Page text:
Photo ID such as a driver's license may be required.
If this is not the first marriage for one of you, bring a certified copy (raised seal) of the divorce from or death certificate of the last spouse.
Applicants must be over 18 years old. Written parental consent is required for an applicant under 18. Written parental consent and written consent of a judge are required for an applicant under 16.
No blood test is required.
You may want to check with the municipal clerk where you are filing beforehand to find out what that municipality's policies are.
Who Can Marry Us in Maine?
Other than me, the following individuals are authorized to perform marriages in Maine:
Ordained ministers of the gospel
A person licensed to preach by an association of ministers, religious seminary or ecclesiastical body
Judges or justices (residents of Maine only)
Lawyers admitted to the Maine Bar (residents of Maine only)
Maine does not have Justices of the Peace. Out-of-state Notaries and Justices of the Peace cannot officiate weddings in Maine.
Legal Requirements for a Wedding in Maine
You must have two witnesses (the officiant cannot be a witness)
You must agree to marry each other (yes, really!)
Your officiant must pronounce you married
Other IMPORTANT Notes
As of 2018, the fee for the marriage license is about $40, but always check with the town office for the actual fee as it may vary from municipality to municipality.
You can fill out the Intention to Marry form ahead of your appointment at the town office, which will speed up the process once you’re in the office. Call ahead and ask the town to send you the fillable PDF form (it changes periodically so make sure you get the most up-to-date version).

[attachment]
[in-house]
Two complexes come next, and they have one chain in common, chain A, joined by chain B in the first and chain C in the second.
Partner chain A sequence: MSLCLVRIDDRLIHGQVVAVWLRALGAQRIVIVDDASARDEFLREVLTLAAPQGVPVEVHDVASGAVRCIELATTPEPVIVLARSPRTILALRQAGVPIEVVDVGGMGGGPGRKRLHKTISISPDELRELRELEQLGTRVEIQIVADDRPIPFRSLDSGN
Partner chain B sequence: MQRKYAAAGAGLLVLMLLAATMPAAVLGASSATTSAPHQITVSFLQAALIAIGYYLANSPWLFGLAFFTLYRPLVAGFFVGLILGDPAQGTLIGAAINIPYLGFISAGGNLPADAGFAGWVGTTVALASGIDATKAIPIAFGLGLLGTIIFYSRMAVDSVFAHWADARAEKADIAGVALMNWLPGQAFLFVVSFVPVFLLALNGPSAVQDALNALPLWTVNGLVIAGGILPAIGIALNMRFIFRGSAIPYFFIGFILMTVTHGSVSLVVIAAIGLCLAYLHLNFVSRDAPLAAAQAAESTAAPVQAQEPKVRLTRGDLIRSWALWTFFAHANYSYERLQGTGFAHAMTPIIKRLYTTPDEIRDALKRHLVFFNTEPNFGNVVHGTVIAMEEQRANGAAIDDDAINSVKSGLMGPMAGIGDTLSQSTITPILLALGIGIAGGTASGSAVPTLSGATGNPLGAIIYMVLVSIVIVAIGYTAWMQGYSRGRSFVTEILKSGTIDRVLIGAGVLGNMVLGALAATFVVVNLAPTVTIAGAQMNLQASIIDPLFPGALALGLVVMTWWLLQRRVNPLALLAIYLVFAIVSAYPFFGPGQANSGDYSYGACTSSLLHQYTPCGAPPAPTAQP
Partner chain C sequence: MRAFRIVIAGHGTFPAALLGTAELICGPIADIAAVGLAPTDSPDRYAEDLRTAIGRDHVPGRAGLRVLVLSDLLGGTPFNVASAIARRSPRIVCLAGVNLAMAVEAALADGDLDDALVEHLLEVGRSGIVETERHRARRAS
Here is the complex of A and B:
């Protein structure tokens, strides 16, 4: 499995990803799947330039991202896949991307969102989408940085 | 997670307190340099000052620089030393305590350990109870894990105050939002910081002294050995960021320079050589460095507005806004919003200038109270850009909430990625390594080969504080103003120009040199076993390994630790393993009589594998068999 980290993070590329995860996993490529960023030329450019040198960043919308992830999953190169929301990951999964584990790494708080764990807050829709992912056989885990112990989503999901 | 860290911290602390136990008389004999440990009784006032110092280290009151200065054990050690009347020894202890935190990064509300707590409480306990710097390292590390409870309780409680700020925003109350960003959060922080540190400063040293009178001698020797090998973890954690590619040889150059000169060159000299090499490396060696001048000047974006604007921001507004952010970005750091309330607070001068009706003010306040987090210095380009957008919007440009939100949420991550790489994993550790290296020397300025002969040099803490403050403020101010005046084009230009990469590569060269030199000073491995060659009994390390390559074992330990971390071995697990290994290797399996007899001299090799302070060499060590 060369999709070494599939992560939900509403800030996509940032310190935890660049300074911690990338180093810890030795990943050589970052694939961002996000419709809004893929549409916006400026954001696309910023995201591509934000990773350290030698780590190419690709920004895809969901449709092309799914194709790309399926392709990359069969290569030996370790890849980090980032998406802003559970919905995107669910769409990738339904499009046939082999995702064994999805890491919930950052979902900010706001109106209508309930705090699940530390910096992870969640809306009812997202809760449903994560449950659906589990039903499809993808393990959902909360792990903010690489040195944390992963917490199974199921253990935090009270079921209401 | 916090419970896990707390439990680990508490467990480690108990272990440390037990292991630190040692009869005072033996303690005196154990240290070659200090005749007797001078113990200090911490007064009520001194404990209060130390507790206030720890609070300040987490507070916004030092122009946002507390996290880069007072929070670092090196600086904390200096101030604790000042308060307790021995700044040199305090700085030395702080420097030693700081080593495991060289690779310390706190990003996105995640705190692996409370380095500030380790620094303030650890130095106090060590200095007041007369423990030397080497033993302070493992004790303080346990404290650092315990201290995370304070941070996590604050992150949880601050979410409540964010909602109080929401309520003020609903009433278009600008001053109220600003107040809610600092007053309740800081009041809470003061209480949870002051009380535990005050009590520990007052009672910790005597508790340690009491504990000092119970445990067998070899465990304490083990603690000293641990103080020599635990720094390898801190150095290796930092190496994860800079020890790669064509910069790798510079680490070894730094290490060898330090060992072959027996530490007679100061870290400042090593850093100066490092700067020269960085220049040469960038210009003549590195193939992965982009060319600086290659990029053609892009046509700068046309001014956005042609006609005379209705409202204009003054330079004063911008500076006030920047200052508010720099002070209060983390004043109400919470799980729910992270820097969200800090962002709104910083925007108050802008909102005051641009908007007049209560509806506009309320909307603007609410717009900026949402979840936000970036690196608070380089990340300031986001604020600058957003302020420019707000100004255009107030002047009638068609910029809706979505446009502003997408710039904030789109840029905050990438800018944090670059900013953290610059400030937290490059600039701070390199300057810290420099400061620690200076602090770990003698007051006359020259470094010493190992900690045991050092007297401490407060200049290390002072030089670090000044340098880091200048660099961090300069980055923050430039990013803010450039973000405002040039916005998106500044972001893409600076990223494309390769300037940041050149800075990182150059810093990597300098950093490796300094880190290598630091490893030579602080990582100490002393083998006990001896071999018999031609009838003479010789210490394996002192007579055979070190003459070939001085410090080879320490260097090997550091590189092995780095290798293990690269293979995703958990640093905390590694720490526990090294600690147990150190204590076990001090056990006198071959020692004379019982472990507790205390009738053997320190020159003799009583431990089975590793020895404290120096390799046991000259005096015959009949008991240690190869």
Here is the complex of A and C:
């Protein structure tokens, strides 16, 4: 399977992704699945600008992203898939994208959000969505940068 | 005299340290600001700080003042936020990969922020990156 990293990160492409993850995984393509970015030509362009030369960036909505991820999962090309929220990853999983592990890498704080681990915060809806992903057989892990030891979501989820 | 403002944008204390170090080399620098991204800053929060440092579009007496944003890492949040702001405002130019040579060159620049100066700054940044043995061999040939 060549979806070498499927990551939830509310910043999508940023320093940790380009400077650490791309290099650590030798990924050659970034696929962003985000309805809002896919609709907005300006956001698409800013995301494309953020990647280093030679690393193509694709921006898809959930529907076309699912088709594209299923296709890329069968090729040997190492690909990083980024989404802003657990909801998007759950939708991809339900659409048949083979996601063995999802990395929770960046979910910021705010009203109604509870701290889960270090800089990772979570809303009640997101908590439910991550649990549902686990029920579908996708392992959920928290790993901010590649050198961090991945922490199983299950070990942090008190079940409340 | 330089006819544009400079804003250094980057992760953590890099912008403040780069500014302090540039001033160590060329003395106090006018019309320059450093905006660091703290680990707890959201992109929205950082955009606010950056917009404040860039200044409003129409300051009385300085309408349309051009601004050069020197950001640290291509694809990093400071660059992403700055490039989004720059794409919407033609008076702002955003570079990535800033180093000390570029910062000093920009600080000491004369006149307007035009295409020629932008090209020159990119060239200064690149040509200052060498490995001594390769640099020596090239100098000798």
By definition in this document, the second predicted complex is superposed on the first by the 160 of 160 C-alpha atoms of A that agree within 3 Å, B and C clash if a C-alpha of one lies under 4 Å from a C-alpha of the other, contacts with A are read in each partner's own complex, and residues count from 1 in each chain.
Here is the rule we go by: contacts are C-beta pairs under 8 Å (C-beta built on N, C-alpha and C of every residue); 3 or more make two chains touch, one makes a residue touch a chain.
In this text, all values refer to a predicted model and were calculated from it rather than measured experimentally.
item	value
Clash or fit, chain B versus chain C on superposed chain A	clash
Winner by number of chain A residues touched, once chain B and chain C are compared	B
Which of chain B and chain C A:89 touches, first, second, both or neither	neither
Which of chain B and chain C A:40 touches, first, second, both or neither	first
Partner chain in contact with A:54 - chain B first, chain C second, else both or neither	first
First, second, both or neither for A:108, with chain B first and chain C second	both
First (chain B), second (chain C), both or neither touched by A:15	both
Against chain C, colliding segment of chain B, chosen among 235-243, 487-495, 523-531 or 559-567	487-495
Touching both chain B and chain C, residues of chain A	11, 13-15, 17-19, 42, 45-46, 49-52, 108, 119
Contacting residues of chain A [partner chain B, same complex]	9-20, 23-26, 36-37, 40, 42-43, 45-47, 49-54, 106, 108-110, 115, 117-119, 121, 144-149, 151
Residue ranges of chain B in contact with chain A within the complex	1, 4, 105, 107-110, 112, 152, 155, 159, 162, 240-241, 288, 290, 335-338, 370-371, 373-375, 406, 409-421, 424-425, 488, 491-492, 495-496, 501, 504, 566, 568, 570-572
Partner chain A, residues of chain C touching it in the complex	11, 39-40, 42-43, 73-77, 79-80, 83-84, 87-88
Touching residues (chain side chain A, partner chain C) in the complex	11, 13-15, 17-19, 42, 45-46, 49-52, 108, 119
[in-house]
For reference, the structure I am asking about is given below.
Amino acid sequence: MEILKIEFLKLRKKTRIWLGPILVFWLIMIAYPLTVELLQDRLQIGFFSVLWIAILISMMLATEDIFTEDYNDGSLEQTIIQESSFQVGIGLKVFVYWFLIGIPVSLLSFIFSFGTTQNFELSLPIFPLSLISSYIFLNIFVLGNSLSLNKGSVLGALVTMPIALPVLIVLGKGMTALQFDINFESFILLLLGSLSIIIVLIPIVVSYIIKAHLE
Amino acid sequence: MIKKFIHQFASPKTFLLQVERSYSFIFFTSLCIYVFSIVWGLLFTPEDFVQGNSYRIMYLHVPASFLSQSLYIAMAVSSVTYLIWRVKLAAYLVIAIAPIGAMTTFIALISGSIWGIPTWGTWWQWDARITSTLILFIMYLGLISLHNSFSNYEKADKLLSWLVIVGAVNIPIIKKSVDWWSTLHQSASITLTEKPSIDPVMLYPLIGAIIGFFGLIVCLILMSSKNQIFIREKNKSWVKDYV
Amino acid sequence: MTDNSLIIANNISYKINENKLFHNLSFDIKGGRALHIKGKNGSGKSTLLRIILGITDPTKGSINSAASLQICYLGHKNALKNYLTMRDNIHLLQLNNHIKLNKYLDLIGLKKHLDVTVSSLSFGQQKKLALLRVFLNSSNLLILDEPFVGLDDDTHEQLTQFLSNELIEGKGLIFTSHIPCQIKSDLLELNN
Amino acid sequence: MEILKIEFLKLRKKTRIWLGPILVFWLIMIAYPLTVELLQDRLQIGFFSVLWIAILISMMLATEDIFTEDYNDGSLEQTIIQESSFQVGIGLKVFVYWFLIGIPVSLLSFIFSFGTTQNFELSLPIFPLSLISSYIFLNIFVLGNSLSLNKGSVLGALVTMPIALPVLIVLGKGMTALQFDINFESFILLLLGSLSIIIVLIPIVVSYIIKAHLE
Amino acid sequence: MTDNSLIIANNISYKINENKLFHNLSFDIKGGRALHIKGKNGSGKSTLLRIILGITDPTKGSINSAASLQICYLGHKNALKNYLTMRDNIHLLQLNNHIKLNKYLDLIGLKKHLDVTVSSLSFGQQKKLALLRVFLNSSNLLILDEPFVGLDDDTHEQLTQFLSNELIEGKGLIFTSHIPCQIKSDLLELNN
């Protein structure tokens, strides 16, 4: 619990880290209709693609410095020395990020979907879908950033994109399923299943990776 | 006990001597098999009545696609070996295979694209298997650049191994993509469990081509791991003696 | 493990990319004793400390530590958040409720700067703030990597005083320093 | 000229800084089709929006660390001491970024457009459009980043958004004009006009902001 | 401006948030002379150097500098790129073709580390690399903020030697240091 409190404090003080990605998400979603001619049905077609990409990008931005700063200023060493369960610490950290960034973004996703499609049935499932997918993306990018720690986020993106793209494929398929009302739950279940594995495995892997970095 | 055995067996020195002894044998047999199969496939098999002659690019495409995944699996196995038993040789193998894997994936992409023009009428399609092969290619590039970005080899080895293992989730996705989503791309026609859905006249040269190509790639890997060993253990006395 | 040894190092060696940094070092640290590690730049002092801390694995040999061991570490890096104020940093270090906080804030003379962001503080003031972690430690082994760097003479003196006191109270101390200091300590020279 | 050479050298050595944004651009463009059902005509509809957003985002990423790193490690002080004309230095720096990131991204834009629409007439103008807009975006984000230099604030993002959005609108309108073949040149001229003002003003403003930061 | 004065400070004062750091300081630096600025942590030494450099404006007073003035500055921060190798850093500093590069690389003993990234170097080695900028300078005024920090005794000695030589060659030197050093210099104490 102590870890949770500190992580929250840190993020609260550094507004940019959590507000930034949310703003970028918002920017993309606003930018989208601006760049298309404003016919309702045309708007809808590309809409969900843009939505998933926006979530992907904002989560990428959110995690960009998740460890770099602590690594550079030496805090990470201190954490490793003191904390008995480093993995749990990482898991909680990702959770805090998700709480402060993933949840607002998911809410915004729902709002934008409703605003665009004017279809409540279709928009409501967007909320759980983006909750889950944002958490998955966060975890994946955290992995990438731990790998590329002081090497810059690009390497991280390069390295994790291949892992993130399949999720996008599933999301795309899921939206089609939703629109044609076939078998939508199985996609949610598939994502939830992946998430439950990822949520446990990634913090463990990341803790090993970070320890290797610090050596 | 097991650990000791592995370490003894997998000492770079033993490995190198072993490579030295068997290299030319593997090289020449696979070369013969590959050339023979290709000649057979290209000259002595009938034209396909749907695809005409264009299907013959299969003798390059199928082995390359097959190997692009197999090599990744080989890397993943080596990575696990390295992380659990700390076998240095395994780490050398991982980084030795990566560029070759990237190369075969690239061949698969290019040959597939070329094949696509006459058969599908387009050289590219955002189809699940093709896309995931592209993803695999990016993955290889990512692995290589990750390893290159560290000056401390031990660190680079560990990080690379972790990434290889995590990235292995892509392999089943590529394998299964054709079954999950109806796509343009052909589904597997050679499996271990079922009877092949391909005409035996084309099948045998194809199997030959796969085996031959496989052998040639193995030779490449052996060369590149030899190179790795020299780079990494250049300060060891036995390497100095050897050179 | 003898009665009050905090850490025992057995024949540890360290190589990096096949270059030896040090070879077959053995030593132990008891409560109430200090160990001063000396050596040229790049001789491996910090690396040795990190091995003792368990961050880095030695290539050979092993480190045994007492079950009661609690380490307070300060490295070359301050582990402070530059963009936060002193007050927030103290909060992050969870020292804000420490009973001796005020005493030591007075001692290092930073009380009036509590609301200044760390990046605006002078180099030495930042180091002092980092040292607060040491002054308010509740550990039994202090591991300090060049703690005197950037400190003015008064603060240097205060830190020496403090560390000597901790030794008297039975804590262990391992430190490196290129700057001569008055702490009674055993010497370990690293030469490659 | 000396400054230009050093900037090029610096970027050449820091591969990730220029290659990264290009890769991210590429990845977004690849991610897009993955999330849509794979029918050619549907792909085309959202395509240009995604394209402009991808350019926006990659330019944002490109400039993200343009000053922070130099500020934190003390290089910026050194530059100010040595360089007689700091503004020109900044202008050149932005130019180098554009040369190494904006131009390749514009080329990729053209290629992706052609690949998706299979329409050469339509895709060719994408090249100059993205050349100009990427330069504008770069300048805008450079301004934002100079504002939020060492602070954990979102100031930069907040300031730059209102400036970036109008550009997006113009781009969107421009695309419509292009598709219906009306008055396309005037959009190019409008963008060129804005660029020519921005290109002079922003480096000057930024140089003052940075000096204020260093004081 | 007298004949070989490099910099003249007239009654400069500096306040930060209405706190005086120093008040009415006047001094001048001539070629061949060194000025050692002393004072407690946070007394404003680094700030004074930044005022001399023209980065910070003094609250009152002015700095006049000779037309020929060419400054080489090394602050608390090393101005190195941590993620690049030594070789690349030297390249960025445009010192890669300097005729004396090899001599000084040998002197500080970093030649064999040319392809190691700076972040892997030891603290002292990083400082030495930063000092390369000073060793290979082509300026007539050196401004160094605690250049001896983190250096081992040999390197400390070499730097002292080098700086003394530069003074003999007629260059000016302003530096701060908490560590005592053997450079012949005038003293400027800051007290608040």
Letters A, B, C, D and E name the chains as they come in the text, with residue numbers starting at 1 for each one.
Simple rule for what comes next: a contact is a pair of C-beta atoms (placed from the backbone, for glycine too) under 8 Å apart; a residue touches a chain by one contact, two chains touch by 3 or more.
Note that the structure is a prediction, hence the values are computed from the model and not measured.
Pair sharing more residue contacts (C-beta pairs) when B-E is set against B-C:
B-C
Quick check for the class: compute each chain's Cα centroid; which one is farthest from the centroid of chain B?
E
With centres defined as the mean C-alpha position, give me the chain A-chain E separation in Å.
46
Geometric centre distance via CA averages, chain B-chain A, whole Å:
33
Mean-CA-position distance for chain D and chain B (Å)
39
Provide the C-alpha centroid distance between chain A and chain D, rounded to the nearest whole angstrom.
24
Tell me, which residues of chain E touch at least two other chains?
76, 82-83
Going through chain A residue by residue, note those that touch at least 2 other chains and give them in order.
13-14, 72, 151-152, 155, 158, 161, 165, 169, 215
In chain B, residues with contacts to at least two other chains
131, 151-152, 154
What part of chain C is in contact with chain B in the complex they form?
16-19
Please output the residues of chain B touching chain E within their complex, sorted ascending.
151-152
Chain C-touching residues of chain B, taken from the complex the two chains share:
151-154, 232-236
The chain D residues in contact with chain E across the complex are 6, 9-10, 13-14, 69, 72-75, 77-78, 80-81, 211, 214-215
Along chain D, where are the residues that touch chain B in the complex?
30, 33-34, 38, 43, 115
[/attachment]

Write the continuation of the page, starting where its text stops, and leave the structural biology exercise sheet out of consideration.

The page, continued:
The Intention to Marry form asks for the name, title, phone number, address, and email address of your officiant. You can leave it blank, but have this info handy, if you want to fill it out.
Ask the town if you can purchase a certified copy of your marriage certificate at the same time you file your intention to marry. As of 2018, it's $15 for the first certificate and $6 for each additional copy. You'll get the certificate quicker than having to obtain the certificate after the wedding.
You will need to know the birthplace of both of your parents (state or country).
Always call the town office first to make sure they're open when you want to go and that there will be someone there who knows how to issue the marriage license.
If you were previously married, give yourself plenty of time to order the "raised seal" copy of your divorce decree. I've heard it can take a really long time to receive this document.
Excerpted from maine.gov's website.
On a perfect autumn day at the stunning William Allen Farm in Pownal, Maine, Chris and Melissa tied the knot...literally. They chose to create a Lovers Knot during their ceremony to symbolize the joining of their two hearts. The ceremony took place under blue skies and a apple tree, and I had the great fortune of being their wedding officiant.
Everything about this wedding was beautiful from the bride in a princess gown, to all the thoughtful rustic decor elements and the gorgeous overflowing of flowers from Snell Family Farm. It felt lush and comfy, rustic and cozy, elegant and comfortable. Just a perfect day all around!
All photos below by me, A Sweet Start.
Officiant: A Sweet Start
Venue: William Allen Farm
Photographer: Greta Tucker Photography
Day of Coordinator: Dragonfly Services Day of Wedding Coordinator
Florals: Snell Family Farm
Rentals: New England Country Rentals
Catering: Famous Dave's BBQ
Ceremony + Cocktail Hour Music: Affordable Elegance Strings
Reception Music: Double Platinum Celebrations DJ Kevin Durant
Hair: Studio 88 Salon
Cake: Bam Bam Bakery
Are you looking for some unique, creative, nontraditional readings for your wedding ceremony? I hope so! Adding readings or poems to your wedding ceremony really personalizes it. The best part is, you can ask a family member or friend to come up and do the reading, thus adding another voice to your ceremony.Read More